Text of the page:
Woody Allen stops Blue Jasmine showing in India cinemas
Published 07/10/2013 | 13:03
Woody Allen’s acclaimed film Blue Jasmine did not debut in India at the weekend after the filmmaker objected to anti-tobacco adverts that the Indian government requires cinemas to play before and during movies that feature scenes with characters smoking.
Allen, 77, refused to make "customisations” in the film to accommodate the ads, which led to distributor PVR Pictures cancelling the release. A spokesman for Allen, from the firm 42 West, confirmed the story to Reuters, saying: “Due to content in the film, it cannot be shown in India in its intended manner. Therefore, the film is not scheduled to play there." The anti-smoking ads would have been inserted into Allen's film during scenes where characters are seen smoking a cigarette.
“Blue Jasmine,” which was hailed by Telegraph film critic Tim Robey as the director's "best film in about two decades", stars Cate Blanchett as a wealthy New York socialite who endures a humiliating fall from grace after her husband is arrested for financial crimes. The film was supposed to come out in India this weekend, weeks after its US release.
“Allen was adamant that he wanted the film to be shown as he had made it, without any additions to the print,” an source in India told Reuters.
Blue Jasmine contains two scenes that would have triggered the warning adverts.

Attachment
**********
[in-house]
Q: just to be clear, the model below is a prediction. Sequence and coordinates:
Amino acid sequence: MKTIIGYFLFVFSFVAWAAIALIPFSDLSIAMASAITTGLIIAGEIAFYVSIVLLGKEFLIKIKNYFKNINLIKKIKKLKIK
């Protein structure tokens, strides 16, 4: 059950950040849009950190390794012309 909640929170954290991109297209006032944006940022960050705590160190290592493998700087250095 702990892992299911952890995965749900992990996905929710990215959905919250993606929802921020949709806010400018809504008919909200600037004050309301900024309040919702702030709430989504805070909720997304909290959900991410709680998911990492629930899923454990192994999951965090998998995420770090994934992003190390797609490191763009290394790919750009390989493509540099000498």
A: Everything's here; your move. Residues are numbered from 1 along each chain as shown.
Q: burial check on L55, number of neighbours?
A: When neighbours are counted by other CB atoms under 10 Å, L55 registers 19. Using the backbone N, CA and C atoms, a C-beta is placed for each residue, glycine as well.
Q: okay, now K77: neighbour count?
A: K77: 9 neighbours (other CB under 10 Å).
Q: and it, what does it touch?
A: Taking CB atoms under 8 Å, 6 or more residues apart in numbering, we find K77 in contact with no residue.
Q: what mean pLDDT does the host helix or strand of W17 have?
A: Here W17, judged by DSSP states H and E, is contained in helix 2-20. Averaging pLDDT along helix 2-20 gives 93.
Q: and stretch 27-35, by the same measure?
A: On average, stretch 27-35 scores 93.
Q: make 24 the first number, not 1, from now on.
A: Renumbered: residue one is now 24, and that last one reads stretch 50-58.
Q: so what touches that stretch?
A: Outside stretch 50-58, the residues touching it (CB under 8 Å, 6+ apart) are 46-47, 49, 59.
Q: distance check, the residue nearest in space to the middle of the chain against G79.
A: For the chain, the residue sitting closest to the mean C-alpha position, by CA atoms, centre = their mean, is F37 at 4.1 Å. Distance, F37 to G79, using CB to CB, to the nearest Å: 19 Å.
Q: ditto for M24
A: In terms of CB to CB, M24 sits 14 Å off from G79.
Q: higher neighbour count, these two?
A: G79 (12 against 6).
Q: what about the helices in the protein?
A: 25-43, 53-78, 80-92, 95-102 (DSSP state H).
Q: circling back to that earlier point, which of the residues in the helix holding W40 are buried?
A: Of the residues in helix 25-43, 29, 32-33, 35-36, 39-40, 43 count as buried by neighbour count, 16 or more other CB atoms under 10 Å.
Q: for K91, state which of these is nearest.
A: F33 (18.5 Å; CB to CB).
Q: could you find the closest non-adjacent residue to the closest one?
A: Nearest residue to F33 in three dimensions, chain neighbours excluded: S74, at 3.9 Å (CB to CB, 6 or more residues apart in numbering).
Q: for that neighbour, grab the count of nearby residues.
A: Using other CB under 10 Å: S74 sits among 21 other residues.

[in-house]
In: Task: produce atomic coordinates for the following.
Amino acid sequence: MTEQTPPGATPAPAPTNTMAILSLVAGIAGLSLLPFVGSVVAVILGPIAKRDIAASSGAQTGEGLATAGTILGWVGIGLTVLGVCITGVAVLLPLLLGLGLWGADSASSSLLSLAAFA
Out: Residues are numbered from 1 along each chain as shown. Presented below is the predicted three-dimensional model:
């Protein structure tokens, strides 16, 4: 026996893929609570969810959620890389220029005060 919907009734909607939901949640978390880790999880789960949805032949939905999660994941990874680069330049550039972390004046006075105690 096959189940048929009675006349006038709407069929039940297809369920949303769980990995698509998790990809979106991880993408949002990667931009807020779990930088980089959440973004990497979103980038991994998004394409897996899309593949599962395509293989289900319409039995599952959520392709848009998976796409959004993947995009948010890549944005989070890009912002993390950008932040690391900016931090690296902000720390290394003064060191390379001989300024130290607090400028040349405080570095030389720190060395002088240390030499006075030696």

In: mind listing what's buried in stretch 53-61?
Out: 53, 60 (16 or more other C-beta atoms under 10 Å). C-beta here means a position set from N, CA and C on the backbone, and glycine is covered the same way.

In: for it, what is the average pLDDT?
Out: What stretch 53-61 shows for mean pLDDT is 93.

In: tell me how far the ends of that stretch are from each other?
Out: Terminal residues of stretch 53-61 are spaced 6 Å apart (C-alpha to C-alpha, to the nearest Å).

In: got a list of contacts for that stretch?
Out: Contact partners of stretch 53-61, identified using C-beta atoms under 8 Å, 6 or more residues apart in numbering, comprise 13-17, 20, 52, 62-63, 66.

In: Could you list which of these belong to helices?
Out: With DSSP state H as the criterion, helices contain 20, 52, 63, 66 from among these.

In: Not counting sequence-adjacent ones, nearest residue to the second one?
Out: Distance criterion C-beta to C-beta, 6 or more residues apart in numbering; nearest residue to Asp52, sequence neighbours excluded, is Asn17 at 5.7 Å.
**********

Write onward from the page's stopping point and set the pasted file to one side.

India has banned smoking scenes in movies and television shows, and filmmakers for about a year have been required to show health warnings on screens whenever a character smokes in a film. Typically, a smoking scene would include a text insert at the bottom of the screen warning of the dangers of tobacco use. This is in addition to anti-smoking and anti-tobacco ads that run before films begin.
While most national and international directors accept these rules, Allen was adamant that he would not allow these “insertions” into his film.
India’s film censor board routinely requires cuts and changes to films on the grounds that certain scenes might offend some audiences in the country. It also has banned films, including David Fincher’s “The Girl With the Dragon Tattoo” because of rape and torture scenes, and Steven Spielberg’s “Indiana Jones and the Temple of Doom” because of objections to the film’s portrayal of Indians and its imperialist tone.
Some directors allow cuts and alterations, while others, such as Fincher, have refused. Many directors, including Martin Scorsese, David Lynch and others, argue that changes to their films, including changing the aspect ratio in which some movies are shot, are unacceptable because they corrupt the artist’s vision.
India forms a minuscule portion of Hollywood revenue, but with a large, English-speaking population, it is a growing market. Hollywood films formed 8.5 per cent of all box office collections last year, according to a report by consultancy KPMG.